October 26. Day 26 of My Month of Hundreds.
Five years ago I had another amazing adventure and helped a local pastor start a free health clinic for uninsured adults in North Portland. Through the generous support of the community and our volunteers weâ€™ve been able to provide services to thousands of neighborhood residents. A couple of times a year I go out with the paid staff for Happy Hour to celebrate their hard work. Today was the day.
Thereâ€™s a place we like a few blocks away from the clinic and the five of us headed over there shortly after five. A bus stop and a gas station sit across the street, and I often see a fair collection of characters in the vicinity. I had my eyes peeled and the C-note in my pocket.
Just as we went in a woman hurried past. Everything about her look and posture said, â€œdonâ€™t bother me.â€ It was all the invitation I needed.
â€œIâ€™ll be right back,â€ I said to the group. â€œSomebody order me a drink.â€ I got outside just in time to see the woman duck into a store about halfway up the block. As I closed in I could see that she had gone into the liquor store.
I had second thoughts and then remembered the cold beer that was waiting for me back at the restaurant. Soâ€¦ it was okay for me to look forward to a drink at the end of the day but not this lady? Because she looked poor? Seriously? The chatter in my head is insistent, even when I would swear I know better.
The woman was standing at the front of the small store viewing the wares, which were all behind bars. I walked up behind her. â€œHi, how you doing?â€ I said. She turned and I got my first real look at her. I noticed her long eyelashes and sad countenance.
â€œIâ€™m blessed. You?â€ I thought for a second. â€œYeah, I guess I could say the same.â€
She went back to looking at the bottles. â€œCan I talk to you for a minute?â€ The woman turned to me again. â€œYeah? What?â€ I took a different approach than my usual; not sure why. â€œIâ€™m Jill. Whatâ€™s your name?â€ Her eyes widened. â€œIâ€™m not gonna tell you! You might be the poh-lice!â€ Then she laughed.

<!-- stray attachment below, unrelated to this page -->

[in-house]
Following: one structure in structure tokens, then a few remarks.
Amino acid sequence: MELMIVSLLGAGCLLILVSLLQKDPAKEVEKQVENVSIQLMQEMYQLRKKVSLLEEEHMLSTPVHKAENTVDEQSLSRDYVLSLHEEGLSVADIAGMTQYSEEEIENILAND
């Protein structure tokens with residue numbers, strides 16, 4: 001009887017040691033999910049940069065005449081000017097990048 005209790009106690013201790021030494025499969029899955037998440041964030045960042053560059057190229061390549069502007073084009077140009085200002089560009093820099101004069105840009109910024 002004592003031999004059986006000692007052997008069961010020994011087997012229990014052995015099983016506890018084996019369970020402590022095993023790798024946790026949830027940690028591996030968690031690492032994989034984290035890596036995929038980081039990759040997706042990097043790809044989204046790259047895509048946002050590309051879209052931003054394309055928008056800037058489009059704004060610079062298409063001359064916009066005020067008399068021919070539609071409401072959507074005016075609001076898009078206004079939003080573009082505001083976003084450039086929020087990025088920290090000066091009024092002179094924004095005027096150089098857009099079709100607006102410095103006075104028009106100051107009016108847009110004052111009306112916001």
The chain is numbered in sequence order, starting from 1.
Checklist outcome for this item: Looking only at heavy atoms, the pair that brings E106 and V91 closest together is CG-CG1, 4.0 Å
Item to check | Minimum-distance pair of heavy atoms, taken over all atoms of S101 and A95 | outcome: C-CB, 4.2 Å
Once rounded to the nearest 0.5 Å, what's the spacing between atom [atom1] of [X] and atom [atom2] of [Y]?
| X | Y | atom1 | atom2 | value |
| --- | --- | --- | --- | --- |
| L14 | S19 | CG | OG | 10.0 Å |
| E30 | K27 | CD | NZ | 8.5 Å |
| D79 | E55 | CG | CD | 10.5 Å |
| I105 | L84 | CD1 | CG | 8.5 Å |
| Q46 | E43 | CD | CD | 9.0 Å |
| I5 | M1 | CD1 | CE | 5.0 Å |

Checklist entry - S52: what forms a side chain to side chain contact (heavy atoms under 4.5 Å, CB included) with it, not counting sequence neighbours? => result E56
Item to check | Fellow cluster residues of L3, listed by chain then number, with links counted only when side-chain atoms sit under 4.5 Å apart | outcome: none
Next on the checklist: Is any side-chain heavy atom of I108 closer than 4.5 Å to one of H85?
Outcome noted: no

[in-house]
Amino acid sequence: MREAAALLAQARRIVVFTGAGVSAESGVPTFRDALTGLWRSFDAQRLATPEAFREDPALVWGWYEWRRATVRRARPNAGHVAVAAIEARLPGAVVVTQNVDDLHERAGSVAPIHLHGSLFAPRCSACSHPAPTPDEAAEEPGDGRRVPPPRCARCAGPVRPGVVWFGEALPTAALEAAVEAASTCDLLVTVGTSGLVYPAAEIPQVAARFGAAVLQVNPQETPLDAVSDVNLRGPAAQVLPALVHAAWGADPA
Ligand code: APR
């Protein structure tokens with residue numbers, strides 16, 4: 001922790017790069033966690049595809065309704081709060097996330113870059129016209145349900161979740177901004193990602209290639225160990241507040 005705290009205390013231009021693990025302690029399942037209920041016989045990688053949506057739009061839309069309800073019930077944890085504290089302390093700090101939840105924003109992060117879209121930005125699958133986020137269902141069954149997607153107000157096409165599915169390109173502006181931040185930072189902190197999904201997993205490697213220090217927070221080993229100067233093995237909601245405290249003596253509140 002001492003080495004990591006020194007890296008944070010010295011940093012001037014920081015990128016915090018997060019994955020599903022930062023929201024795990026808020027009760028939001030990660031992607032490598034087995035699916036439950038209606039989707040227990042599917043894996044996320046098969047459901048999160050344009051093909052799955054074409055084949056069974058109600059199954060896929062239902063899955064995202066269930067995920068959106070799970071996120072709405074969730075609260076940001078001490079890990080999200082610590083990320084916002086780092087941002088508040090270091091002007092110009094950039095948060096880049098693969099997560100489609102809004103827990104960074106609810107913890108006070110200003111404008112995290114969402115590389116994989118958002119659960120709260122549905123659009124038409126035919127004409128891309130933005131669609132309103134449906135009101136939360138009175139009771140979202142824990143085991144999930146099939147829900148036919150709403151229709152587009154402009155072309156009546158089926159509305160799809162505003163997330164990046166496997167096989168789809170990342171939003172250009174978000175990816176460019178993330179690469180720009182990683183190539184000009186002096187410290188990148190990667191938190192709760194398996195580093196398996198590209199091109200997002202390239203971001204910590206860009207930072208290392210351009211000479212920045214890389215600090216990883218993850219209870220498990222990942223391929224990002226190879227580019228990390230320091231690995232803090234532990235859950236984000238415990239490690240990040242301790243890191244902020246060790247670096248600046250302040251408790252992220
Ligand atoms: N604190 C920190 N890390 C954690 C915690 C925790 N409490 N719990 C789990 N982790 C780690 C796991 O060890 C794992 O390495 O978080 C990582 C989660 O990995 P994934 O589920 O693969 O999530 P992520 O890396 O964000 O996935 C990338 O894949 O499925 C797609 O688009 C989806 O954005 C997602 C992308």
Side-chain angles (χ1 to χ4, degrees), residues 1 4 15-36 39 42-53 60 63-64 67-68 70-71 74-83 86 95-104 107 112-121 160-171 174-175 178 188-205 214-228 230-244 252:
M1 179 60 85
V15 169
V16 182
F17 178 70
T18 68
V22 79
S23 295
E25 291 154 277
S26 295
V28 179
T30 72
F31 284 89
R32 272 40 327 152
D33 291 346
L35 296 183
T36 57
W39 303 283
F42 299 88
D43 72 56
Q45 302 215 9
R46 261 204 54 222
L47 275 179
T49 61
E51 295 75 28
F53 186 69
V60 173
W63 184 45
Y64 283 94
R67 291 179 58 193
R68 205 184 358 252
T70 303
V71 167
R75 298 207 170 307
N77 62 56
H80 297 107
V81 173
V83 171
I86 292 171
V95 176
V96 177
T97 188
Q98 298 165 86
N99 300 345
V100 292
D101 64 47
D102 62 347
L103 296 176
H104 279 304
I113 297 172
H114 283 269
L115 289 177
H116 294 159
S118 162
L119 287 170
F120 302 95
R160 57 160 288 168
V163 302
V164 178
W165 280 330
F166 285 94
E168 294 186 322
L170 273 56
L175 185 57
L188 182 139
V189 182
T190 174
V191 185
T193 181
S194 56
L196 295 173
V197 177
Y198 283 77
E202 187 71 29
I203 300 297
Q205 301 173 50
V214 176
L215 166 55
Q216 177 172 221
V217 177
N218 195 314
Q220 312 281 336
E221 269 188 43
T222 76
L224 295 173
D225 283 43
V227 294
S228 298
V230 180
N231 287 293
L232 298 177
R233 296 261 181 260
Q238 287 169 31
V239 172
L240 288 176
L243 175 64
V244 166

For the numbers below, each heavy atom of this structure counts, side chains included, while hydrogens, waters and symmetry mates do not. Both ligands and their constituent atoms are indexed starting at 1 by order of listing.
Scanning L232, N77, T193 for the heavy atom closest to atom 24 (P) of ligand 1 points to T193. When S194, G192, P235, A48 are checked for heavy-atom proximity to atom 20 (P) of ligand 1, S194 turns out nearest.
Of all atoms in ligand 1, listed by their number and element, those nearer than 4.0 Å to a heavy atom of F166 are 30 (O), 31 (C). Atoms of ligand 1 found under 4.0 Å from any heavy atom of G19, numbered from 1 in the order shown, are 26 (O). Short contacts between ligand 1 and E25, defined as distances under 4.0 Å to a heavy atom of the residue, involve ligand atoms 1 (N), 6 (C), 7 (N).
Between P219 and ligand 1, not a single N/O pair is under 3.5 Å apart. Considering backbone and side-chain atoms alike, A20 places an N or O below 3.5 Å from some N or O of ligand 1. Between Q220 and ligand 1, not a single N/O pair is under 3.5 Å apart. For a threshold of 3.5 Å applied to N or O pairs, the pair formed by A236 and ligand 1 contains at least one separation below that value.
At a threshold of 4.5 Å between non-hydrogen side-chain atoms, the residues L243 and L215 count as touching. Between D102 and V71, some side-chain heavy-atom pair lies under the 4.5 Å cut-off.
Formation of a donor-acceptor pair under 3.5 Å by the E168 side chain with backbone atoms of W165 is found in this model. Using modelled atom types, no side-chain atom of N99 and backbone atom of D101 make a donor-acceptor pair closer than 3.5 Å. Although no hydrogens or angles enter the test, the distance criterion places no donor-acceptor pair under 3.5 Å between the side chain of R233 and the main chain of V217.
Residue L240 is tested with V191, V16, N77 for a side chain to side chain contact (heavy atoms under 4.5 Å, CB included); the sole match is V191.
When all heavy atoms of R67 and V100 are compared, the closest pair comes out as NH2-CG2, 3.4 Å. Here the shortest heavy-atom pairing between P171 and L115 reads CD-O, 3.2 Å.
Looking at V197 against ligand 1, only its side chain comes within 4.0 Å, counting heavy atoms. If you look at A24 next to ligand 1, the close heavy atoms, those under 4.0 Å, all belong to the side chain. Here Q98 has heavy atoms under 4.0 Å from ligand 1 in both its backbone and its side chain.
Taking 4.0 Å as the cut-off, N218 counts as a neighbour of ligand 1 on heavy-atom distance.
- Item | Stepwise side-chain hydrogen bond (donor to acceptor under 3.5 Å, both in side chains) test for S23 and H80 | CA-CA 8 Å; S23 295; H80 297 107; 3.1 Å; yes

I launched into my story and told her my mom had died not too long ago. She fixed me with a steady silent gaze. I told her I had a gift to share and gave her the $100 bill. She gasped and her hands flew up, covering her eyes. She started to sob and grabbed me in a bear hug. â€œOh, my God! I donâ€™t have any food! Jesus!â€ Then she told me her name was Deanna.
She was crying hard by now and was talking fast about how she had been praying for help. â€œIâ€™m gonna call my Mama! She wonâ€™t believe this!â€ She pulled out her phone.
â€œMama! You know how Iâ€™ve been praying?? A white lady just gave me a hundred dollars! Jesus! I swear it!â€ She pushed the phone at me. â€œTalk to her! Tell her itâ€™s true!â€
I took her phone and heard a voice murmuring on the other end. I couldnâ€™t make out the words. â€œHello? Itâ€™s true what she said. Have a good night.â€
I don’t really remember what happened next. Somehow we said goodbye and I carried on with my happy hour.
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